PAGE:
Are many of these volunteers destined for a medical or health professional career? What is the mix of the students?

A: About 65% of our volunteers are pre-med. We attract a lot of students interested in medical school, nursing, social work, advocacy, policy, or public health work. Project Health creates a space where students can actually experience what the real world is all about.

Q: Critics might say. This is social work. Why can’t social workers handle this?

A: We work closely with social workers, but they are overwhelmed, and some of this work is outside their jurisdiction – legal, psycho-social, domestic violence needs, complex medical conditions, access to food, an exercise program, and a job-training program.

There’s also the reality of the ratio of patients to social workers. We work in one clinic in New York, for example, where there is one social worker for 47,000 patients. At Bellevue Hospital, there os one social worker for 12, 000 patients. There are simply not enough social workers to address all the patient needs, especially the preventative needs for families in crisis. Meeting these needs is not the most efficient use of professionals’ time. We want to expand a lay workforce to expand resource connections.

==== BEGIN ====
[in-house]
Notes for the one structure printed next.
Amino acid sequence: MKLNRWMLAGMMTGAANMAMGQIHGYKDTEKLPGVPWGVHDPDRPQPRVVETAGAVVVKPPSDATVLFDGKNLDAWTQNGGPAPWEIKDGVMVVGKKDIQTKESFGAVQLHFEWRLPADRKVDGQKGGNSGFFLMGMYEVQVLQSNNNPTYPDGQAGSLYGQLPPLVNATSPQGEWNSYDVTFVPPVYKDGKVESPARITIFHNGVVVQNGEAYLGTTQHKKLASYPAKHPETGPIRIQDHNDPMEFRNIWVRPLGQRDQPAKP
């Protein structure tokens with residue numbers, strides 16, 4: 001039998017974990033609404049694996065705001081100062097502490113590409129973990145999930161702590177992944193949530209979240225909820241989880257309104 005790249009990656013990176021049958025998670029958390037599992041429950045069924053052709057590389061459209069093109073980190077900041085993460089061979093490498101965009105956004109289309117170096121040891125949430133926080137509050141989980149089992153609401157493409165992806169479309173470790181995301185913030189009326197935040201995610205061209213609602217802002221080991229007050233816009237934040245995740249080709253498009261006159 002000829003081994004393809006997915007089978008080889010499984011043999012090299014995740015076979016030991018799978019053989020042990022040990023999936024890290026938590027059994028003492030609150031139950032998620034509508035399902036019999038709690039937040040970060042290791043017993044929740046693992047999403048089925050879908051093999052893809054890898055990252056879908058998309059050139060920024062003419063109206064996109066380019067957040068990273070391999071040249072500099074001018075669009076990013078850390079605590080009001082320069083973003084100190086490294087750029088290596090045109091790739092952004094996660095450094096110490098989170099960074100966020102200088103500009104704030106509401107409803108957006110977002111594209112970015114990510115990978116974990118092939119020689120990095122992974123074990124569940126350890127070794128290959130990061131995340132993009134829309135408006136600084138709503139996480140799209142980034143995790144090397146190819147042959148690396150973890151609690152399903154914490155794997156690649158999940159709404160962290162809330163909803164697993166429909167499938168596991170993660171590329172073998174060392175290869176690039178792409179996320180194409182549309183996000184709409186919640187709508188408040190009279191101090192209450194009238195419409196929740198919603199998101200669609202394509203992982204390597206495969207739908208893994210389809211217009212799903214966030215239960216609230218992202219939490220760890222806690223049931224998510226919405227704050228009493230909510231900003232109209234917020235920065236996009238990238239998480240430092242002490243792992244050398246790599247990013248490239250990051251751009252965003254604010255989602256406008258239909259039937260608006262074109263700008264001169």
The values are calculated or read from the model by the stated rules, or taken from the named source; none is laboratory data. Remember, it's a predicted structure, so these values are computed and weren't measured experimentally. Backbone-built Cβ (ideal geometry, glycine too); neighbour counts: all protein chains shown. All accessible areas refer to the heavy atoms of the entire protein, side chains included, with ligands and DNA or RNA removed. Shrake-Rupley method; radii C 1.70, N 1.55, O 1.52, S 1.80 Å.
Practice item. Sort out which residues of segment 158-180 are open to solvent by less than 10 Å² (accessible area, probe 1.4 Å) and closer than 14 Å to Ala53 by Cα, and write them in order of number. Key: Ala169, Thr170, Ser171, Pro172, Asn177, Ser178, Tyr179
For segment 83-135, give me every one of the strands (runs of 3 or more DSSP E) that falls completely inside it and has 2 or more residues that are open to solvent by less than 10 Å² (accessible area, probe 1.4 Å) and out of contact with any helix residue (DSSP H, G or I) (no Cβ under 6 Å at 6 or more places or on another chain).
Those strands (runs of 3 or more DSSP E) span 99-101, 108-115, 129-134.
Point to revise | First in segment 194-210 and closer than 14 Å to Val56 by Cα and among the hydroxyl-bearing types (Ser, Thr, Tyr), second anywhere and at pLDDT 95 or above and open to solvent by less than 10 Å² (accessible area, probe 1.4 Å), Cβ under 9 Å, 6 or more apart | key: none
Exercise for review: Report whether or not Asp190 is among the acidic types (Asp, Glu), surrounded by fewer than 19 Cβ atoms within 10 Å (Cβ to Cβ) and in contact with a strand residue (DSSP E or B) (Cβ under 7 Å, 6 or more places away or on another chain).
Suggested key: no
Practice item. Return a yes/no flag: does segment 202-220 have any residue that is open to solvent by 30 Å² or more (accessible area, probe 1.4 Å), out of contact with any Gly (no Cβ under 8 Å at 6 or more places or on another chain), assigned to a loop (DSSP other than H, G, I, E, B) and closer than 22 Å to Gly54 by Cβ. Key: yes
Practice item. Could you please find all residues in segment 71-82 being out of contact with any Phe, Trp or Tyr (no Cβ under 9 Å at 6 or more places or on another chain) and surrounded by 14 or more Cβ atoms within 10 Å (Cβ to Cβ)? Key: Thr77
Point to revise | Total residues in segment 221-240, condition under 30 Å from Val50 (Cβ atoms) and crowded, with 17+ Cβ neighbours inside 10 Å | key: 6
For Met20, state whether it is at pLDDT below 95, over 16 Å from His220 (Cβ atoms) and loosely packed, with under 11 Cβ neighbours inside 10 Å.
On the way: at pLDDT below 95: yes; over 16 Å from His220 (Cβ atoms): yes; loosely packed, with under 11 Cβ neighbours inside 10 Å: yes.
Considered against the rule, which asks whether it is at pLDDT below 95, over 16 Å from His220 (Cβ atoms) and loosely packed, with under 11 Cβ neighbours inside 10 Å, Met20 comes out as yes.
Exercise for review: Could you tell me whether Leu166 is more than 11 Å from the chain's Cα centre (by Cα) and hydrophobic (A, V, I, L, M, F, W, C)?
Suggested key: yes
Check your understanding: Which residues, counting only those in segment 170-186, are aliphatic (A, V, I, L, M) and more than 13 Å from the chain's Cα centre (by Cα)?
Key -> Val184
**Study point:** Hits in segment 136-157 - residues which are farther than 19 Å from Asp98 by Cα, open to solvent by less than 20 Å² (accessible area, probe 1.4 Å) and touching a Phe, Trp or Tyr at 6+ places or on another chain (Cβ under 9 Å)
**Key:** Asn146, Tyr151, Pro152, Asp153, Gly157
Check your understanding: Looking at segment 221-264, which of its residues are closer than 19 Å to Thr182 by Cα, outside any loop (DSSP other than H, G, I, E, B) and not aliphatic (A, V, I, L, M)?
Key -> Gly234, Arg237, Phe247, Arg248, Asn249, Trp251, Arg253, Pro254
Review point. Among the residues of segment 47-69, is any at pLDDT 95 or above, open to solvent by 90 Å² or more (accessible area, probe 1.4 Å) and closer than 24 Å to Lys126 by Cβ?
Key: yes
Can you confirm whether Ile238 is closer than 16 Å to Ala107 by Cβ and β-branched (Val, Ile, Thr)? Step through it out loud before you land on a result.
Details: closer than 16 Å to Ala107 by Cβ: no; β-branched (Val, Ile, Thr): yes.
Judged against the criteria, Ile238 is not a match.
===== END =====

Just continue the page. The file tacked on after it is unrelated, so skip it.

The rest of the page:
Q: So this is a socially disruptive innovation?

A: That’s exactly how we talk about it. This is a “social catalytic innovation,” to use the language of Clayton Christensen at Harvard Business School. That’s how we self-describe what we do.

Q: You’re the CEO of Project Health. Does this occupy you full-time?

A: More than full-time.

Q: This is a large-scale organization effort. Surely, there are large expenses involved. Where does the funding come from?

A: Historically the funding has been mostly philanthropic. We receive support from a number of individuals and foundations, including most notably, the Robert Wood Johnson Foundation. We are in the midst of a $2 million grant from the Foundation to expand our work.

Over the past few years, we’ve come to discover our hospital partners value these services and are going beyond providing in-kind support. Many of them now pay for these services as a core element of patient care they provide. We are looking at a business model to expand this hospital funding because it allows us to serve many more patients, and it can be a testament to how the health care system can actually meet the needs of patients. Our hospital partners are looking at this as a way of protecting their tax exempt status, as a way of integrating their physician services, and as a way of meeting quality of life objectives. This also has an element of medical school and residency education.

Q: What is the physician response to Project Health? I know they “prescribe” these services for volunteers to follow.

A: Physicians recognize how important this new resource is for their patients. When a Project Health Desk is present in their clinic, doctors immediately feel empowered to prescribe our services. The simple presence of our desk prompts them to engage us in helping their patients. This becomes a standard part of patient care and becomes integral to care delivery and part of the screening process.

Q: I wish you all the success in the world.

A: Thank you. We need physician champions like yourself to further our work. We appreciate your help in spreading the word.